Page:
Worried about delays to the flu vaccine?

If you have a long-term health condition or are over 65, you can get the jab free from your GP surgery or a community pharmacy. You should receive a letter from your GP practice inviting you to have one, or you can ask any pharmacy about it.

The adjuvanted vaccine is for people aged 65 or over, or for those in Scotland aged 75 or over. Only one company is making this new adjuvanted flu jab and both pharmacies and GP surgeries are receiving the jabs in batches, with deliveries still coming in in October and November 2018. There is enough stock of the adjuvanted vaccine available across the country, but you may have to wait until your GP surgery or pharmacy receives their stocks of the vaccine, which could mean having your jab later than you would usually.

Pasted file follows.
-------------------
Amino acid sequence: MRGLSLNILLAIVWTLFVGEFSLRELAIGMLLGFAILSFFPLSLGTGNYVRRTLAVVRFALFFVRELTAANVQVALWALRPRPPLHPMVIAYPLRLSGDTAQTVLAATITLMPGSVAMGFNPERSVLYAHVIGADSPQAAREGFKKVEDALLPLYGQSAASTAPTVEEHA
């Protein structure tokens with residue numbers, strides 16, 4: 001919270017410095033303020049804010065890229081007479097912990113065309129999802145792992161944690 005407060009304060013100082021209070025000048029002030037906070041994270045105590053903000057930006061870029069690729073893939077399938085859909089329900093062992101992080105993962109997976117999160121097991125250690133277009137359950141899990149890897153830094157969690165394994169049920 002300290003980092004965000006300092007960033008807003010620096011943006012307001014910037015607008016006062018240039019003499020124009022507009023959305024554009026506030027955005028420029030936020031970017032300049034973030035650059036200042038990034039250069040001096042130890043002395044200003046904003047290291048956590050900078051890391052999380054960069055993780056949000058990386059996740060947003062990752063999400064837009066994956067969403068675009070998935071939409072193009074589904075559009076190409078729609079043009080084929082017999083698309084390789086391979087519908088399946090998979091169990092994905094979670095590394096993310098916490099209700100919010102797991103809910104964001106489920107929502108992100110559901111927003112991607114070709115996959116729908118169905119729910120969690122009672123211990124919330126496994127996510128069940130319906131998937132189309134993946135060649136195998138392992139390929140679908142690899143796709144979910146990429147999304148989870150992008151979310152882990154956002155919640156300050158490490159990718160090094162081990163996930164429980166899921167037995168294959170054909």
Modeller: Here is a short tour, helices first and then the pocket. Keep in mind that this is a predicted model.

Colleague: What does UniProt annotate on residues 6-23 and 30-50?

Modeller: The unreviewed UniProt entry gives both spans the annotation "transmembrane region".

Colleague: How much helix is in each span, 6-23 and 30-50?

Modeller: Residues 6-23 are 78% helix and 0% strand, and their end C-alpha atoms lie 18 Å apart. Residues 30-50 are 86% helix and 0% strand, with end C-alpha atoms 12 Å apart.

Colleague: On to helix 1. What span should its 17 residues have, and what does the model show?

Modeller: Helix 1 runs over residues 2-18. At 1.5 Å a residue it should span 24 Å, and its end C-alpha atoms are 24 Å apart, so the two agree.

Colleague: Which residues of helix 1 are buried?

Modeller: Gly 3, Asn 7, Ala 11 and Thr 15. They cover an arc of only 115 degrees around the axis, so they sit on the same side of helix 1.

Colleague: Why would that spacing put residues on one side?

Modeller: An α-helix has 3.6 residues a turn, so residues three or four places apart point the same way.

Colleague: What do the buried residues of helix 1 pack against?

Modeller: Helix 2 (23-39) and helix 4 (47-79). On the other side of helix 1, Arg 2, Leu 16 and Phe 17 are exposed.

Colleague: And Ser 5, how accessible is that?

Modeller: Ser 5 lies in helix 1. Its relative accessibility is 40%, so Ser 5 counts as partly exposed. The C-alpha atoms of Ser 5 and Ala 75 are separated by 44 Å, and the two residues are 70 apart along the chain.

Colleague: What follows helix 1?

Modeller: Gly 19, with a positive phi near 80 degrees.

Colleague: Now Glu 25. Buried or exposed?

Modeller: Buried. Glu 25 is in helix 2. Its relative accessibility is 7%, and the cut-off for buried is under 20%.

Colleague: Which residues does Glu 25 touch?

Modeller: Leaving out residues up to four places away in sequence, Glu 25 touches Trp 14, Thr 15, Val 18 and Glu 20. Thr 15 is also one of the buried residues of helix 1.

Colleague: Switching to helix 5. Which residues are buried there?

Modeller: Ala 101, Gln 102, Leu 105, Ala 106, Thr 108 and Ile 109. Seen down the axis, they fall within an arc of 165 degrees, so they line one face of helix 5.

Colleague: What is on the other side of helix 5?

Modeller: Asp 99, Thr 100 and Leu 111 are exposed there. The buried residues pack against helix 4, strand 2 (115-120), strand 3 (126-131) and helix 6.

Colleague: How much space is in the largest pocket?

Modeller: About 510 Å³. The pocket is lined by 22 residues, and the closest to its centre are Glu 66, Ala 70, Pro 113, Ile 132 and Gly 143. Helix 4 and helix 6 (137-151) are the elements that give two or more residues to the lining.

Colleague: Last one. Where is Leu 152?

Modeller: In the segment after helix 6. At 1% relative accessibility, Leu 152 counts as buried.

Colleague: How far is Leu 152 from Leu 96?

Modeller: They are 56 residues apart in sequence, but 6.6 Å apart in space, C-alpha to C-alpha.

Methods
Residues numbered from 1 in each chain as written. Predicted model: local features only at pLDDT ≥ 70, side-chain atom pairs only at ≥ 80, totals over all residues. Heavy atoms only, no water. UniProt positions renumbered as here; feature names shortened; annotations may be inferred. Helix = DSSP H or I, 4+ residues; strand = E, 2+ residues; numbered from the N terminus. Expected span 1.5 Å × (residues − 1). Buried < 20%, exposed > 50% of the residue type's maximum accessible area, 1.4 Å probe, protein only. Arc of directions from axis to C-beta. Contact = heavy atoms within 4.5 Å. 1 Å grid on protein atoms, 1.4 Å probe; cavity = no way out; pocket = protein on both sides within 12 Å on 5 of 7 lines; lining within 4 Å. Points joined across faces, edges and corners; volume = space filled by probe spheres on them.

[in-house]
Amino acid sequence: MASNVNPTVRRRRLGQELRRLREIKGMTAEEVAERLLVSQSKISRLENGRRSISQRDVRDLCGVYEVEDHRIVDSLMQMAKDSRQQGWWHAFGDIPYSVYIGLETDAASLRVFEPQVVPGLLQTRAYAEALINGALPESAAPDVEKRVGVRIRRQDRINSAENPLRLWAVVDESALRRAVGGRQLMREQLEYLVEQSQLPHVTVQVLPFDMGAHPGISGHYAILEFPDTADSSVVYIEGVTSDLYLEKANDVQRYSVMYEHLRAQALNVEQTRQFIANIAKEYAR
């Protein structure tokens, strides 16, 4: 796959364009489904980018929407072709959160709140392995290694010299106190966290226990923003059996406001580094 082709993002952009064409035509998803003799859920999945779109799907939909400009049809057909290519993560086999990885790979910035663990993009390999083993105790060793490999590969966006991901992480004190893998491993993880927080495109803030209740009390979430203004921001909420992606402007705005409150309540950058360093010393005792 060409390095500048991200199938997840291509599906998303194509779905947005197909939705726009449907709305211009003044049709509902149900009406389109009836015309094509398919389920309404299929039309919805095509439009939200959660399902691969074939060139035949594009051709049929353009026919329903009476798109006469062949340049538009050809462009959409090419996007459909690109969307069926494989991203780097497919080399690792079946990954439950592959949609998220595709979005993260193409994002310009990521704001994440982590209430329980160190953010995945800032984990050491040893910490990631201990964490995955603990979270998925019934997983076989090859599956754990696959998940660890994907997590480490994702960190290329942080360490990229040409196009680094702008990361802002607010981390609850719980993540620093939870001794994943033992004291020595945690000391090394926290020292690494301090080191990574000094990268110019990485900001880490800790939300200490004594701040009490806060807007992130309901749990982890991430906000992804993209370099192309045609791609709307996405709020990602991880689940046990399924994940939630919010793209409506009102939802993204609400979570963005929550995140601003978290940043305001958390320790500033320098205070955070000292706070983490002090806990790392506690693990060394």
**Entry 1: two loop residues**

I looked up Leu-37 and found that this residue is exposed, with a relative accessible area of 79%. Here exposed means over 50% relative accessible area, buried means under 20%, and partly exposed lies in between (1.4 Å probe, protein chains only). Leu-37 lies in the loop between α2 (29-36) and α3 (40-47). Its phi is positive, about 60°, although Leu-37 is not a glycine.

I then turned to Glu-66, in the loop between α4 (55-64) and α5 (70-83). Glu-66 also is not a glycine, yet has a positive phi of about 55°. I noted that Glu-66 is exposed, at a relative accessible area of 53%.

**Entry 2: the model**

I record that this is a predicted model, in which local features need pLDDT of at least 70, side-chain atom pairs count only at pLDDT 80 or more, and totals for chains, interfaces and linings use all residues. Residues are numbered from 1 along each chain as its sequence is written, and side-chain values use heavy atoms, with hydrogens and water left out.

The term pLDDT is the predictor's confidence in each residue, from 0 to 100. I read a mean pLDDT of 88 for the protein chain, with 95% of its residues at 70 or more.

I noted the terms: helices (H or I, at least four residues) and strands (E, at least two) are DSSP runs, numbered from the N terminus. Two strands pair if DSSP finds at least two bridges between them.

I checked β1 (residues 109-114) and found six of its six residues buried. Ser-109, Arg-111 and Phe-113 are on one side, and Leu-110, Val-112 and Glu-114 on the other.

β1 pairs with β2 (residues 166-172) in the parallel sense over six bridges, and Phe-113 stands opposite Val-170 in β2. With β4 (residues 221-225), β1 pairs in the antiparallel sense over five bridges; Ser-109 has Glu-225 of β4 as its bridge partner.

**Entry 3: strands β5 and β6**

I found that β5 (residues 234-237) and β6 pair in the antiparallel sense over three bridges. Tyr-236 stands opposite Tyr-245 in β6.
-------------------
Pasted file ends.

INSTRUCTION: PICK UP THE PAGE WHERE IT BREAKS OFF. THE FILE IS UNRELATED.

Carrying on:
NHS England and Public Health England recommend that it is better to wait to have the flu jab that is most effective for your age group, even if that means having your jab slightly later in the year. In Northern Ireland, over-75s are being prioritised for the first deliveries of the adjuvanted vaccine, and its Public Health Agency also advises that people aged 65-74 should wait to have this vaccine, rather than having a different flu jab. Flu usually starts from December onwards, so if you are vaccinated in November you should benefit from its protective effect. Remember, having the jab is important - so if it's not available the first time you go to your GP or pharmacy, don't let that put you off going back.